But the FlowHive is so heavy when it has honey, I estimate about 65-70 pounds,  that I actually could barely lift it off the hives and I can’t get it back on top of the hive. So I have not inspected, waiting until I could extract the FlowHive and get rid of some of the honey weight.

My Bro actually hefted the FlowHive off the hive and we set it aside and I did a quick 10-12 minute inspection of the hive. I actually found not only what I expected to find, but actually a worse version of what I expected to find.

Yellow Hive inspection

The queen had “chimneyed” all the way to the top, just under the queen excluder. The top box (beneath the FlowHive) had a good 5 frames full of capped brood and all the brood were in the top 3 boxes.  The bottom box, as I thought it would be, was basically a bunch of empty frames.

There were probably 30-35 fully formed and capped queen cells, all lined up along the bottom of the frames of several of the frames in the top 3 boxes.  These are swarm cells. I’ve never seen so many in any of my hives, ever. This is telling me they are really ready to swarm. Bees want to swarm when they feel crowded.

I saw a lot of teeny weeny larvae, like 2 days old, but I could only find a very few (half a dozen) brand new fresh eggs laid that day.  That’s not always a sign, but just one of the signs of getting ready to swarm is stopping the queen from laying new brood. So this has me more concerned.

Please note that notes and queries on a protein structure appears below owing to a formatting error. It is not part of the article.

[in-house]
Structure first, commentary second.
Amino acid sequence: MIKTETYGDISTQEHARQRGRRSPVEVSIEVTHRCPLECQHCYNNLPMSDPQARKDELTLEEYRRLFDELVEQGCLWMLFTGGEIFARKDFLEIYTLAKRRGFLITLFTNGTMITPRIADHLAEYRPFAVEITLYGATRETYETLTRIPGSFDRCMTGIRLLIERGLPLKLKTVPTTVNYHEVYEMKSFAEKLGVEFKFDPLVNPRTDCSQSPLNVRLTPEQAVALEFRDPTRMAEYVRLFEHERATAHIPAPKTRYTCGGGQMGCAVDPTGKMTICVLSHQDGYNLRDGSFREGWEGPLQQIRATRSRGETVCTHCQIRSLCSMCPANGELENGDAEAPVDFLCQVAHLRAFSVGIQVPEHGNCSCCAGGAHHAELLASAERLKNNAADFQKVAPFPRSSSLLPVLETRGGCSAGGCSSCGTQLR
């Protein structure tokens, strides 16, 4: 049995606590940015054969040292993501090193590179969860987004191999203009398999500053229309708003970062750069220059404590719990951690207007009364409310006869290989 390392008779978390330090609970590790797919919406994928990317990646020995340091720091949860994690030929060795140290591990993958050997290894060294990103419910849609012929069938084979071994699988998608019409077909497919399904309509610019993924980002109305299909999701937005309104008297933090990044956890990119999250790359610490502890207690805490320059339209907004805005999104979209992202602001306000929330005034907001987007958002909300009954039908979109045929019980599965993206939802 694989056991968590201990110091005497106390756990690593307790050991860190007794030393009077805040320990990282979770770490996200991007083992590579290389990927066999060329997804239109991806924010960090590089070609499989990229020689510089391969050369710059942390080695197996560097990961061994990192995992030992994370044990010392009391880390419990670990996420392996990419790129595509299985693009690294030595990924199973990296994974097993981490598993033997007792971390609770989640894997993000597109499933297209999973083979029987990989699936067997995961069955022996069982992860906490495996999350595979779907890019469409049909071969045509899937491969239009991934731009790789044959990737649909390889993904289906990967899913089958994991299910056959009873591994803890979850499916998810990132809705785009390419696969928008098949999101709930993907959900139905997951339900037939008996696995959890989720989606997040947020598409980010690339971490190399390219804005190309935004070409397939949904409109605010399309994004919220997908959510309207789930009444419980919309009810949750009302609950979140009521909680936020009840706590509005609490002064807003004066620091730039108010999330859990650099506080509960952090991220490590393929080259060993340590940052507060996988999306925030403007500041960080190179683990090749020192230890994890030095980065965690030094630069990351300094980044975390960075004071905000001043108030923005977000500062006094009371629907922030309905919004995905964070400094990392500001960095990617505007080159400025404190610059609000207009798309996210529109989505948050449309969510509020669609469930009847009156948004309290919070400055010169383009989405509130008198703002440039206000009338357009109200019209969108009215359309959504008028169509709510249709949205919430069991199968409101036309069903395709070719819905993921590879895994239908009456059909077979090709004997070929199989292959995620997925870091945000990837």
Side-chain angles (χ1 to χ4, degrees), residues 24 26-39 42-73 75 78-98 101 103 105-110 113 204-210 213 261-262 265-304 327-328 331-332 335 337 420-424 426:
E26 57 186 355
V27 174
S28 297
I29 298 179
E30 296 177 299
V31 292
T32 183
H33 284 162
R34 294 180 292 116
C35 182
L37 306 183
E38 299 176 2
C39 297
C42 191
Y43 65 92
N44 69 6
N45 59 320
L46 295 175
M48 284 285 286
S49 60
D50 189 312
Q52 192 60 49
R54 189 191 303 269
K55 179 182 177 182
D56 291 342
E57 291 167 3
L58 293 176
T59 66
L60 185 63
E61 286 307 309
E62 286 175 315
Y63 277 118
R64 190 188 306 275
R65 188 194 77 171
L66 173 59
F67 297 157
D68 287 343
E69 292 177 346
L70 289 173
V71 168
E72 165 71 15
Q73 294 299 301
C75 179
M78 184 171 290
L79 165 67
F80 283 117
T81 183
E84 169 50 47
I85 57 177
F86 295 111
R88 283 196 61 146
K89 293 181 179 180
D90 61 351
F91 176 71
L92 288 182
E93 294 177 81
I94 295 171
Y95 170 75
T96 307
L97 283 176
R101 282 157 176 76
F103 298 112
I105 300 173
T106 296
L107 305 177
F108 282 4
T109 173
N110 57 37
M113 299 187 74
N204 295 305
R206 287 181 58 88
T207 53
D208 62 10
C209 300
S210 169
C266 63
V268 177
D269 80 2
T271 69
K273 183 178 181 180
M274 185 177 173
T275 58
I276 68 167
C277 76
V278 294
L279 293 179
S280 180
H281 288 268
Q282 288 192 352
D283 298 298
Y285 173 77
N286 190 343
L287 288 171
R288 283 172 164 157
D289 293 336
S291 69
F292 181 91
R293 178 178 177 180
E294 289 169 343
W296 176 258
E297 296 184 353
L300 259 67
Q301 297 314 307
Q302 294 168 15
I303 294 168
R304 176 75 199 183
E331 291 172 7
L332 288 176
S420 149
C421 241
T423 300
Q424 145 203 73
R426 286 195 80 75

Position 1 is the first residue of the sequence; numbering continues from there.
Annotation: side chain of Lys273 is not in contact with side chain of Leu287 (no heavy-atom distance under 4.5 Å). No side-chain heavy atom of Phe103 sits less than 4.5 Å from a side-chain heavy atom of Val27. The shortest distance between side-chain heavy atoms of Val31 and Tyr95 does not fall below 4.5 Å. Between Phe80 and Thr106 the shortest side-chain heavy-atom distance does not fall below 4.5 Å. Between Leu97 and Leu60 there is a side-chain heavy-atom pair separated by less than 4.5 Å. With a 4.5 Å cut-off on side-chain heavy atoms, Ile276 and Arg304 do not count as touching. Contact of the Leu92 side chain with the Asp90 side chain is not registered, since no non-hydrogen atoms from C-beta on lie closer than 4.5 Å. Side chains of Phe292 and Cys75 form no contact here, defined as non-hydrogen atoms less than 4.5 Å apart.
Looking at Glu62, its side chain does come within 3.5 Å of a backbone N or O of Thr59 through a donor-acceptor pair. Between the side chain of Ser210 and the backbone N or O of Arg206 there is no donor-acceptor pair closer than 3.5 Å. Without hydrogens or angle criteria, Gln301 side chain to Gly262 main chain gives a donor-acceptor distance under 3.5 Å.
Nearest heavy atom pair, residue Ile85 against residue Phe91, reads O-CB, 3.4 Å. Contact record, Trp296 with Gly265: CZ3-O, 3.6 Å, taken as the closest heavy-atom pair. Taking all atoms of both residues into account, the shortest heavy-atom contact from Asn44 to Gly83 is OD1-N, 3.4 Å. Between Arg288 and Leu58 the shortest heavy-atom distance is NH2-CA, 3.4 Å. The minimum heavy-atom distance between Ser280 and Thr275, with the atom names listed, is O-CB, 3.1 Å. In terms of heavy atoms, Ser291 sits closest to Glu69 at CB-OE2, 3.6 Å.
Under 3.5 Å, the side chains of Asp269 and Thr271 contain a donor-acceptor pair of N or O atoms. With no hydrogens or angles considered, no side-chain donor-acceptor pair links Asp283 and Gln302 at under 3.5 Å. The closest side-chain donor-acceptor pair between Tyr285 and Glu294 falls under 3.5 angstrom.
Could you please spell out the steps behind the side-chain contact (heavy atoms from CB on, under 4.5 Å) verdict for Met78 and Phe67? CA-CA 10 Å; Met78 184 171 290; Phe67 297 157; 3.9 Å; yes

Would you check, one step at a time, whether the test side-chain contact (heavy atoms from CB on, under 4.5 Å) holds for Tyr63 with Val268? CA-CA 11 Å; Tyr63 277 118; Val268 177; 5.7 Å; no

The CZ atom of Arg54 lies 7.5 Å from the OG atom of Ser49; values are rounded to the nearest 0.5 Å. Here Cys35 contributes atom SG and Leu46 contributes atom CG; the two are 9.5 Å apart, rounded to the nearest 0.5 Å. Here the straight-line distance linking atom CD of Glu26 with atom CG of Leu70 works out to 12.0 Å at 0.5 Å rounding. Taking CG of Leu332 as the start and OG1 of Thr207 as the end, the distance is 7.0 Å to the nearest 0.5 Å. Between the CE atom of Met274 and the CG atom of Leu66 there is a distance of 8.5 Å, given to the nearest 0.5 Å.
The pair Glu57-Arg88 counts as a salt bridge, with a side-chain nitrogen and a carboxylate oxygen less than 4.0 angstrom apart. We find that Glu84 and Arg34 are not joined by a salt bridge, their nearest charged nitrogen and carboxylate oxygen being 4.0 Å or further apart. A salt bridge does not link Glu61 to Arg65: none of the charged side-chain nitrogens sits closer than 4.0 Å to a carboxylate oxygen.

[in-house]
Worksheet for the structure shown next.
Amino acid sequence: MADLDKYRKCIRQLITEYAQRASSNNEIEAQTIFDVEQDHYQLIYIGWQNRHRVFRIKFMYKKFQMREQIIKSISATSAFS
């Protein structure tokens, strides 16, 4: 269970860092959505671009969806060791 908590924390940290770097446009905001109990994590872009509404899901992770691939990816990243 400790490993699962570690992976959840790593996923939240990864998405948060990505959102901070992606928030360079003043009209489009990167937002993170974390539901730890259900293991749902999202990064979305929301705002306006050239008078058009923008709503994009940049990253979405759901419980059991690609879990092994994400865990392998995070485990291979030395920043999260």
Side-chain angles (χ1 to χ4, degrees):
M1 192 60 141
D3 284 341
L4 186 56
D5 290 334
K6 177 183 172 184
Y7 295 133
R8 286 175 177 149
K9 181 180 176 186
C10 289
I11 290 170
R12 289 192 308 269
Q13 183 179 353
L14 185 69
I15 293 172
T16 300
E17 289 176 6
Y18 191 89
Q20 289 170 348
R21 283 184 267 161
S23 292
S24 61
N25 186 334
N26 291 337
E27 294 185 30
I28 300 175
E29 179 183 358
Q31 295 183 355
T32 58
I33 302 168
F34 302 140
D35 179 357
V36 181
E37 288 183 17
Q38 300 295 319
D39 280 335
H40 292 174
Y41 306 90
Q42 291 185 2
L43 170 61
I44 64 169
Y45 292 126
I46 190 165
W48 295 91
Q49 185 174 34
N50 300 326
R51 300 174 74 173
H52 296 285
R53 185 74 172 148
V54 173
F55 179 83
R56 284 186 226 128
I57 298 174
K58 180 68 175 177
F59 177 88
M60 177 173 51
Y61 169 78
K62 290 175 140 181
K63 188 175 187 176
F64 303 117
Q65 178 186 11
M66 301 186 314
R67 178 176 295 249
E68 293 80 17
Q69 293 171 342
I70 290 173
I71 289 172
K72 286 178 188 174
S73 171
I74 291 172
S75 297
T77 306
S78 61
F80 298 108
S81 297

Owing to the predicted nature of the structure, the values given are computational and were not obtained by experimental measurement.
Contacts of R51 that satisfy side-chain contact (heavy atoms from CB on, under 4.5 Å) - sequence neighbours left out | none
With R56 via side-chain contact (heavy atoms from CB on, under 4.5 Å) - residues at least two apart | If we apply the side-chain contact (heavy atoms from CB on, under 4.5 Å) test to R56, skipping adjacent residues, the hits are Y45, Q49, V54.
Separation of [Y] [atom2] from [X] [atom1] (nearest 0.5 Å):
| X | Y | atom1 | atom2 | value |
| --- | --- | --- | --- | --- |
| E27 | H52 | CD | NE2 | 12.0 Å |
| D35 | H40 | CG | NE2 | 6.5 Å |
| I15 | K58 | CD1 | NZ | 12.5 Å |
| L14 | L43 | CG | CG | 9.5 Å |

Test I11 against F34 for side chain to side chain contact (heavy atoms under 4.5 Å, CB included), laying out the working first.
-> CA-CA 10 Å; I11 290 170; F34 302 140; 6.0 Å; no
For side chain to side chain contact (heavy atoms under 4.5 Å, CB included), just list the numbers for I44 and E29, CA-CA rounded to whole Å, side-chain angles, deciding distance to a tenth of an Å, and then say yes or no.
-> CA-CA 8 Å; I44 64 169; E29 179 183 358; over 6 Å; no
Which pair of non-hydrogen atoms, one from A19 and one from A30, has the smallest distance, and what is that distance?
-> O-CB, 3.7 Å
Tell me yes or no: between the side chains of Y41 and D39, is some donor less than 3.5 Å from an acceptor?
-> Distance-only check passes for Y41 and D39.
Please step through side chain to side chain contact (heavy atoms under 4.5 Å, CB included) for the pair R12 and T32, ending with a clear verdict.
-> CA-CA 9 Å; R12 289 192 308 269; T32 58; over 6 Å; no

I managed the hive down by putting all the brood back down in the bottom two boxes, putting all the empty frames in the 3rd box up, then the 4th box has honey/food, then the queen excluder, then the FlowHive.

I did not remove any of the queen cells.  If they are going to swarm, they’re going to swarm. I’m hoping that managing them back down will slow them down and make them not swarm.  But that is an awful lot of queen cells they made.

I could split the hive right now to try to keep it from swarming, and that might do the trick. But if they have in their heads to swarm, it’s going to happen no matter what I do.  So call I can do is wait a few days and see if they settle down or if they swarm.

So here’s what I had to think about the last two days.